Awareness does not always feel good, but working with awareness until it comes to a more productive place, that is when we are doing real work. “Generally speaking, we regard discomfort in any form as bad news”, Pema Chodron tells us in When Things Fall Apart: Heart Advice for Difficult Times, but a struggle or suffering can end up being the “clear moments that teach where it is that we are holding back”. Being grounded and being groundless are both good things. It is innate to feel grounded and rooted to something, but not so innate to feel groundless. It defies a bit of the natural instinct. Consider that you are very happy in life and then someone close to you gets sick and passes away. Your feet are not grounded. You are suffering. You feel loss. You may feel consumed. If you have a peace practice and you are able to sit and accept that your suffering is okay, you find a warrior-ship in your psyche because you went towards the places that scare you. You still feel a sense of loss, but you can live with it. And you learn to love from this free place. When you make a conscious choice to be groundless, these losses are still there, but your actions towards them are different.

    Bring your concept of abundance to the present and do not hesitate. Because the laundry will pile up and there will be more work tomorrow. Look inside and find those places of betrayal and sorrow and sit with them. “Go to your bosom: Knock there, and ask your heart what it doth know.”, said Shakespeare. And don’t be afraid to use a little elbow grease to get out those stains. Namaste.


I am what I am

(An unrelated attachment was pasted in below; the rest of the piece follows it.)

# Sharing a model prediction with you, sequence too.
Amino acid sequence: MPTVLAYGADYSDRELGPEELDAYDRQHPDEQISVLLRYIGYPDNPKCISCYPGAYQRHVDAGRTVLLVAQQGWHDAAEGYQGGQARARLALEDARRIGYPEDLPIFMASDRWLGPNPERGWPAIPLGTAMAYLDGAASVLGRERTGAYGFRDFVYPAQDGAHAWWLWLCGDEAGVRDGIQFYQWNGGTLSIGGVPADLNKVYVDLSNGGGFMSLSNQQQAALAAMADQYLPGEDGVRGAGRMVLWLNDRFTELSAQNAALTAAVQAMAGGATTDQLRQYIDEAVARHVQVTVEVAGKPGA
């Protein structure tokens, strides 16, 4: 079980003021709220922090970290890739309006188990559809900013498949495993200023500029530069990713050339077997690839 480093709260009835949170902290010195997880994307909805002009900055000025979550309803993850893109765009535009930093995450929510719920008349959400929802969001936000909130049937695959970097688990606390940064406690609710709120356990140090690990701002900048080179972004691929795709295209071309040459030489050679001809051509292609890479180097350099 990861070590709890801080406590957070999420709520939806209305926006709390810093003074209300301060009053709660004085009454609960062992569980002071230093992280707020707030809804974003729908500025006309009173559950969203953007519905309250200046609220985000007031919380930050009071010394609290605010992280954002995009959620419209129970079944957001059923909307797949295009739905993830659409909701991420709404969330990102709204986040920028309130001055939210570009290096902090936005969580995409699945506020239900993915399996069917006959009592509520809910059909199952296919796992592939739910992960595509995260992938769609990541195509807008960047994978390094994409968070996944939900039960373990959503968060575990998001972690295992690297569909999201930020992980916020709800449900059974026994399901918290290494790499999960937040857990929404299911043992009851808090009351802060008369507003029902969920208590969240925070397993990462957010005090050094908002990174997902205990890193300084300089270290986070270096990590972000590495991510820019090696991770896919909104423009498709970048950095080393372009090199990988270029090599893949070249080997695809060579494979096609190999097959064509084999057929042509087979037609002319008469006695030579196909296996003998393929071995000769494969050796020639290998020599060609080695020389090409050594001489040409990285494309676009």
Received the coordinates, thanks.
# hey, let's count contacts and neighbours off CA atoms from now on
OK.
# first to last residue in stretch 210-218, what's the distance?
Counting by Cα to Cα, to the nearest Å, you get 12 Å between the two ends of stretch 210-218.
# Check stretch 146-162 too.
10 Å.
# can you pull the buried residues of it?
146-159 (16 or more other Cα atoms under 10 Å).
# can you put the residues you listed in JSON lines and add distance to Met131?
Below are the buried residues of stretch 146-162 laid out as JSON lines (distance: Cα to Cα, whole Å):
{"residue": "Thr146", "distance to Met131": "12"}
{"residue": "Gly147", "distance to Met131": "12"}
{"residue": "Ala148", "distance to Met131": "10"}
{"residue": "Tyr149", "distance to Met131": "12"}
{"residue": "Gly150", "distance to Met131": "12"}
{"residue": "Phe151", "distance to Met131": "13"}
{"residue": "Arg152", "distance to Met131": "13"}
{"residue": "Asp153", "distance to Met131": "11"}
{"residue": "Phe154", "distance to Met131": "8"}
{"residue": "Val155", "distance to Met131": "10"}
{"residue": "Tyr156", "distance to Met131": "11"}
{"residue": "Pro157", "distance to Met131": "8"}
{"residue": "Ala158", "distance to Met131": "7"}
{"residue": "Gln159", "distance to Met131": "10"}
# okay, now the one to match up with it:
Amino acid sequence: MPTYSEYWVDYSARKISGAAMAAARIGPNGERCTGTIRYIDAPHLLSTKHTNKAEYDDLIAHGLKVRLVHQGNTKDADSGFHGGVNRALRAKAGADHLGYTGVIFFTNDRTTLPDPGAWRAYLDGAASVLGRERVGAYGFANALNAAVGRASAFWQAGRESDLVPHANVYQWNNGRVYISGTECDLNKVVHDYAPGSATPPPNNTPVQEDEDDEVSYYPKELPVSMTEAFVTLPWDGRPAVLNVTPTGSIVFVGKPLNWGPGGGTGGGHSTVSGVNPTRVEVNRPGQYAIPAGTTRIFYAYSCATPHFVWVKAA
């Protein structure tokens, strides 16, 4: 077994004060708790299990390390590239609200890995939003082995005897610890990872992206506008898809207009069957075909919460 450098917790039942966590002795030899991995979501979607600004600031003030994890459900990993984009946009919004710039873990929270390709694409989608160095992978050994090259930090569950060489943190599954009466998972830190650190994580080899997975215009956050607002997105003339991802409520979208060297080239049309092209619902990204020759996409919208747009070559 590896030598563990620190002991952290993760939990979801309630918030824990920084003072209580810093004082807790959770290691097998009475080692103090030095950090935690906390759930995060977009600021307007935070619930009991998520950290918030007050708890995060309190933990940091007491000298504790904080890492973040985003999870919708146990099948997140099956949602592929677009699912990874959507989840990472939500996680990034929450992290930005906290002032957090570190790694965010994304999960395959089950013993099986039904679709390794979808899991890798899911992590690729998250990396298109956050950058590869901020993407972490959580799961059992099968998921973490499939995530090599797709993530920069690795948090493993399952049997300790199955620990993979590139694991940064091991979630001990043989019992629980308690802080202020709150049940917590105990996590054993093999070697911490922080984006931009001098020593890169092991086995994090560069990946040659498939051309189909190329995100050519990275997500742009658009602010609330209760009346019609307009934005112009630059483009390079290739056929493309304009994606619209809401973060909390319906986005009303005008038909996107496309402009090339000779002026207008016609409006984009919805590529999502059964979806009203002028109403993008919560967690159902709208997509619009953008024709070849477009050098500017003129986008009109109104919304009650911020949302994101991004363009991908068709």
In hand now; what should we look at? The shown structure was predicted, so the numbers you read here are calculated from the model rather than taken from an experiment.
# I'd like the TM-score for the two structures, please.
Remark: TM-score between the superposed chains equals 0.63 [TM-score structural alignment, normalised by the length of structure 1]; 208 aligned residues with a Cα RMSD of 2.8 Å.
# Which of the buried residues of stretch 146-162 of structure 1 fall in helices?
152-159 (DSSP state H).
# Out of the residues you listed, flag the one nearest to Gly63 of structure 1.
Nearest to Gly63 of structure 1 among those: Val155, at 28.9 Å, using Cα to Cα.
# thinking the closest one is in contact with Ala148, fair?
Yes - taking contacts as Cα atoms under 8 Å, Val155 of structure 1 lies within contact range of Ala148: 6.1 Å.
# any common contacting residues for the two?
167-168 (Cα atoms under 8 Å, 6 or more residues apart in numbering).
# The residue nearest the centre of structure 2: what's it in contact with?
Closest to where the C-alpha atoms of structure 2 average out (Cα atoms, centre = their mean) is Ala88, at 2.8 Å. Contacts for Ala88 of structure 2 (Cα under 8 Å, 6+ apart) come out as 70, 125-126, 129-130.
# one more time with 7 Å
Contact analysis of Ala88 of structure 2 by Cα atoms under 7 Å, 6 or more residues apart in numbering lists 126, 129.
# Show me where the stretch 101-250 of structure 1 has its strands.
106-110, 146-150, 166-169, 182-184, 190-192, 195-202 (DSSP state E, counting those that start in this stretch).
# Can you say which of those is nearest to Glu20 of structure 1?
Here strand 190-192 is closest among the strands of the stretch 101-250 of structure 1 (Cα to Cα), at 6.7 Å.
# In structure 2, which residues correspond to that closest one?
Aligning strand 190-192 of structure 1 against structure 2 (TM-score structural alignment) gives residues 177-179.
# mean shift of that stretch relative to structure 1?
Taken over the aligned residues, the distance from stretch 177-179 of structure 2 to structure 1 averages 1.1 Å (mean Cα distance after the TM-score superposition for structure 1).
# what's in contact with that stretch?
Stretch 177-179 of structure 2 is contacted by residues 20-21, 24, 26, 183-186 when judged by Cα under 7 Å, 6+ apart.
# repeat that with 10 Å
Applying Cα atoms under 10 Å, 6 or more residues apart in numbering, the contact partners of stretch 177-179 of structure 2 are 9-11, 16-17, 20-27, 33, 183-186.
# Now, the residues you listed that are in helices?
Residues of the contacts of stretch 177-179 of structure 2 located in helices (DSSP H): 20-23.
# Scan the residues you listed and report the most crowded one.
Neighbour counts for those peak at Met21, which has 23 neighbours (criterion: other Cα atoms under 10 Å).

In the great words of Popeye, ” I am what I am.”. This is such a refreshing statement. I feel it should be inside a fortune cookie as a virtuous reminder. By the way, my favorite fortune, which is on my refrigerator, is ‘fate loves the fearless’. With that being said, what I like so much about Popeye’s voice in my head is that it reminds me to be present and not searching or wishing or healing, but to just be.

    Recently, I have been reminded by people in my life about September 11, 2001. A babysitter who recently visited the memorial in progress, a stand-up comedian resurrecting some humor about that time, a friend asking about my life in New York City. I lived in Williamsburg, Brooklyn, a bit northeast of the Twin Towers. I watched those towers burn from my roof and it was an awing spectacle. As the dust settled, quite literally, there was a city, so vibrant and energetic with a huge hole and of course, a sorrow. “Sorrow is tranquility remembered in emotion”, wrote Dorothy Parker in the Second World War era, but in 2001, for the people of the Big Apple, the pain was palpable.